Step into my inbox.
But jump over the Korean spam mailers for foot lotion and dodge the publicist who just doesn't get that I'm not covering National Pancake Day. Turn left at the tower of Emails To Respond To and there you'll find it: the slush pile.
In the publishing world, "slush" refers to unsolicited pitches—that is, story ideas—from the general public, and for editors, they're a blessing and a curse. Every editor has a story of their diamond in the rough, the gleaming submission from an untested new writer that glows with promise and passion and properly placed commas, the new writer that they, through the noble, poorly-paid work of publishing, got to show the world and turn into a star.
Then there's everything else.
While responsible editors do indeed plow through our slush piles in search of those gems, we have to do so quickly (to save time to continue Not Responding To Emails), and most pitches rarely get more than a few seconds of attention. Here are some guidelines to help you stand out from the pack and get your story read.
(But first, a quick note. Every editor and publication is different and has their own interests and process. Always check a publication's submission guidelines for the best pitching advice.)
Do Your Research
Good food writing requires good research, and your first step is knowing about the publication and editor you're pitching. Does a publication have submission guidelines? Follow them to the letter. (If they don't have guidelines, don't waste time emailing and asking for them, as they probably don't exist in email-able form; just send a smart pitch.) We editors, like wildebeests, are creatures of habit and don't appreciate startling new formats of information.
Doing this advance work will let you anticipate an editor's questions before she thinks to ask them, and I'll be frank, there's nothing more attractive than a writer who already knows what an editor wants. So if you need to provide your own images, have photo samples ready. If you can estimate a research budget for your story, do so.
Research means knowing what topics a publication covers, how it covers them, and what they've done on the subject already. For instance, Serious Eats writes about, among other things, hot dogs, Chinese food, and ice cream. Dog food and nutrition? Not so much. Keep your topic relevant.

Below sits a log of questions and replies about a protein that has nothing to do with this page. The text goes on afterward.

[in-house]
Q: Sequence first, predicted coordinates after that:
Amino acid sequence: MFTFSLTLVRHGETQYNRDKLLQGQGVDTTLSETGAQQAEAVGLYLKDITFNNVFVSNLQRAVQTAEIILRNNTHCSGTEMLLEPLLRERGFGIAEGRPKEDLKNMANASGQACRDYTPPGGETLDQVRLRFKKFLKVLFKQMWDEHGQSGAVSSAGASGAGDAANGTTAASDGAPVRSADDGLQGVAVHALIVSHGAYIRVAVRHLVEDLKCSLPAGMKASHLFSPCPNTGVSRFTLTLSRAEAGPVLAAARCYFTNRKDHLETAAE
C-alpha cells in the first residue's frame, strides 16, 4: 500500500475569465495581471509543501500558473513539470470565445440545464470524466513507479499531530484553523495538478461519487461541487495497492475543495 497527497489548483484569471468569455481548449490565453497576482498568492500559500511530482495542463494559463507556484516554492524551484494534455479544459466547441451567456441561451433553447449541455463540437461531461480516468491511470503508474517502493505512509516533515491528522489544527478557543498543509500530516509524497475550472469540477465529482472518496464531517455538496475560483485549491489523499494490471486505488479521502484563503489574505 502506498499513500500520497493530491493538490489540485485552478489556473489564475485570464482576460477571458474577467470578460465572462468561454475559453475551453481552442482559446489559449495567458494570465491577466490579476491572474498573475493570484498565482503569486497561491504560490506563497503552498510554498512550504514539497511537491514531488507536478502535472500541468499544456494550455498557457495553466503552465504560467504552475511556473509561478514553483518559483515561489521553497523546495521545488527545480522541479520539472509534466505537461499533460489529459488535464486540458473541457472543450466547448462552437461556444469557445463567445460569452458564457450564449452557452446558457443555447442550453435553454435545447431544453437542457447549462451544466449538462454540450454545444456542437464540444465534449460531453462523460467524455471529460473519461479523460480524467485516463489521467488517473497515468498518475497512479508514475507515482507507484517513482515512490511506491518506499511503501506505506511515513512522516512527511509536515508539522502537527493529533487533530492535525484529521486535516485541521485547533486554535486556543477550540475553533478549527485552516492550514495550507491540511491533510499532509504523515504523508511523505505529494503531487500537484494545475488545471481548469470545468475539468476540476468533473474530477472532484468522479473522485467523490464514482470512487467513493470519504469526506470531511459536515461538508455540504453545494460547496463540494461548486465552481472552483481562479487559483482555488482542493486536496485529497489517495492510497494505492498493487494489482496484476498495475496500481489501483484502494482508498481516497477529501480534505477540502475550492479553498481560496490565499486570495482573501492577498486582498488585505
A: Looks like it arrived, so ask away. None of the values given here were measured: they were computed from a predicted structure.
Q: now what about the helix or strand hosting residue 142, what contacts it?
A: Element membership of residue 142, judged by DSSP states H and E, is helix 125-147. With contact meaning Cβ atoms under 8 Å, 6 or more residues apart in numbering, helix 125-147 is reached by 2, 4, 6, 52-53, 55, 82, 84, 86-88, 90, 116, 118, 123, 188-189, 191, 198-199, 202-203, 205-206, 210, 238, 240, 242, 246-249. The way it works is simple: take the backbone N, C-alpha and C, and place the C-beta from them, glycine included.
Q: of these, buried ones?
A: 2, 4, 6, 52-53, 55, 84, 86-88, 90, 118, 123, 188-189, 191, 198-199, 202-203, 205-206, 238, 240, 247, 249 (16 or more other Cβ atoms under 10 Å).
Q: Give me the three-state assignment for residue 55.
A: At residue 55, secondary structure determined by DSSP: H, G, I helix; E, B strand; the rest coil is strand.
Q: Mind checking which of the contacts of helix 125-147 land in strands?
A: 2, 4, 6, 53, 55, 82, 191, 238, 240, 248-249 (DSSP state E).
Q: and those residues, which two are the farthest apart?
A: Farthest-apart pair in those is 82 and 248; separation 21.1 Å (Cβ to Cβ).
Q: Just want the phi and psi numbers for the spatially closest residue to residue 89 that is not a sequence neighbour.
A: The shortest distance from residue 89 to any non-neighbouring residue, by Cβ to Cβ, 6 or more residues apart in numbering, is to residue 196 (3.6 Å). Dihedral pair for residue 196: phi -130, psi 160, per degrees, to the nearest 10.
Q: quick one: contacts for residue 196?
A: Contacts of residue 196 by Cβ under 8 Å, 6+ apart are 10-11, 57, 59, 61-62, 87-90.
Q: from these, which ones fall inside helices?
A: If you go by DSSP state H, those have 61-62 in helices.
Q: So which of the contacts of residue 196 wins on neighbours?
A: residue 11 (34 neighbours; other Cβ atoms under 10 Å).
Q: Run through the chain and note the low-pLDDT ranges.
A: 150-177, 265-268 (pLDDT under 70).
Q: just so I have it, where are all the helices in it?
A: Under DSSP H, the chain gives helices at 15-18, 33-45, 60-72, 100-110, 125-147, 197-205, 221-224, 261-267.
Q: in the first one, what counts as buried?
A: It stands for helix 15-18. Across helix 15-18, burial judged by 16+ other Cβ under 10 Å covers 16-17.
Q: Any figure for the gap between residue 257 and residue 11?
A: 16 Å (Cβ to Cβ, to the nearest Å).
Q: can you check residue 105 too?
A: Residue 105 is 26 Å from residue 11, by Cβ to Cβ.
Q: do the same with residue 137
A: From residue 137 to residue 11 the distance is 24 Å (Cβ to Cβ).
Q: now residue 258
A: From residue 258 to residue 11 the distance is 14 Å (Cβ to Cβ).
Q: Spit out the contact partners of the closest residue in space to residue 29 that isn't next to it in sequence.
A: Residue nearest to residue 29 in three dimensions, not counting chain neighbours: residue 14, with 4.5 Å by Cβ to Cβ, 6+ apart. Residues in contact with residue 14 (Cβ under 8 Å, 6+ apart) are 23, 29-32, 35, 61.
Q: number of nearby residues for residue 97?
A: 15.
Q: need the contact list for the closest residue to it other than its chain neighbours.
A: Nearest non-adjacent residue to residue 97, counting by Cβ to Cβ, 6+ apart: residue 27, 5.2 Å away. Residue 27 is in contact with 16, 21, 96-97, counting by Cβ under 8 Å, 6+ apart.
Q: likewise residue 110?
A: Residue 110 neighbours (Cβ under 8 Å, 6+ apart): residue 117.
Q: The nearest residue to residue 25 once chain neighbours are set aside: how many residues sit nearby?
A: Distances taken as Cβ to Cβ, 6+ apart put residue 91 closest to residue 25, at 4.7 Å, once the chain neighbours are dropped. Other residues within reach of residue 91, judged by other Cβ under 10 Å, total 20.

Also explore a publication's voice and approach. Do they run long, detail-oriented articles or shorter, snappier, action-oriented text? What are their story formats? Is your voice a good match for theirs? Find out and adjust your pitch accordingly.
"The more your idea can fit in with a publication you're pitching, the more attractive it'll be."
It's important to know how your pitch fits into a publication's previous content. That means you should make sure we haven't done your story before, and if we haven't, it's not because we never cover topics like your pitch. Think about niches you're knowledgeable in that a publication is missing but ought to be covering, then go for them. When an editor reads your pitch, they're indexing it against everything in that publication's archive and what's currently on the web. The more your idea can fit in with a publication you're pitching, the more attractive it'll be.
Good research also means knowing my name, and checking that my name is in fact mine, not my counterpart's at some rival publication (this happens more than you'd think). If you're pitching a specific editor, read up on the types of stories they produce. For instance, our senior editor Maggie notes in her bio that she helms our beer, wine, and spirits coverage. She'd be a more receptive target for your wine story than I would.
Prove Your Story's Relevance
"You need to prove why your story is relevant, and why it's urgent someone read it now."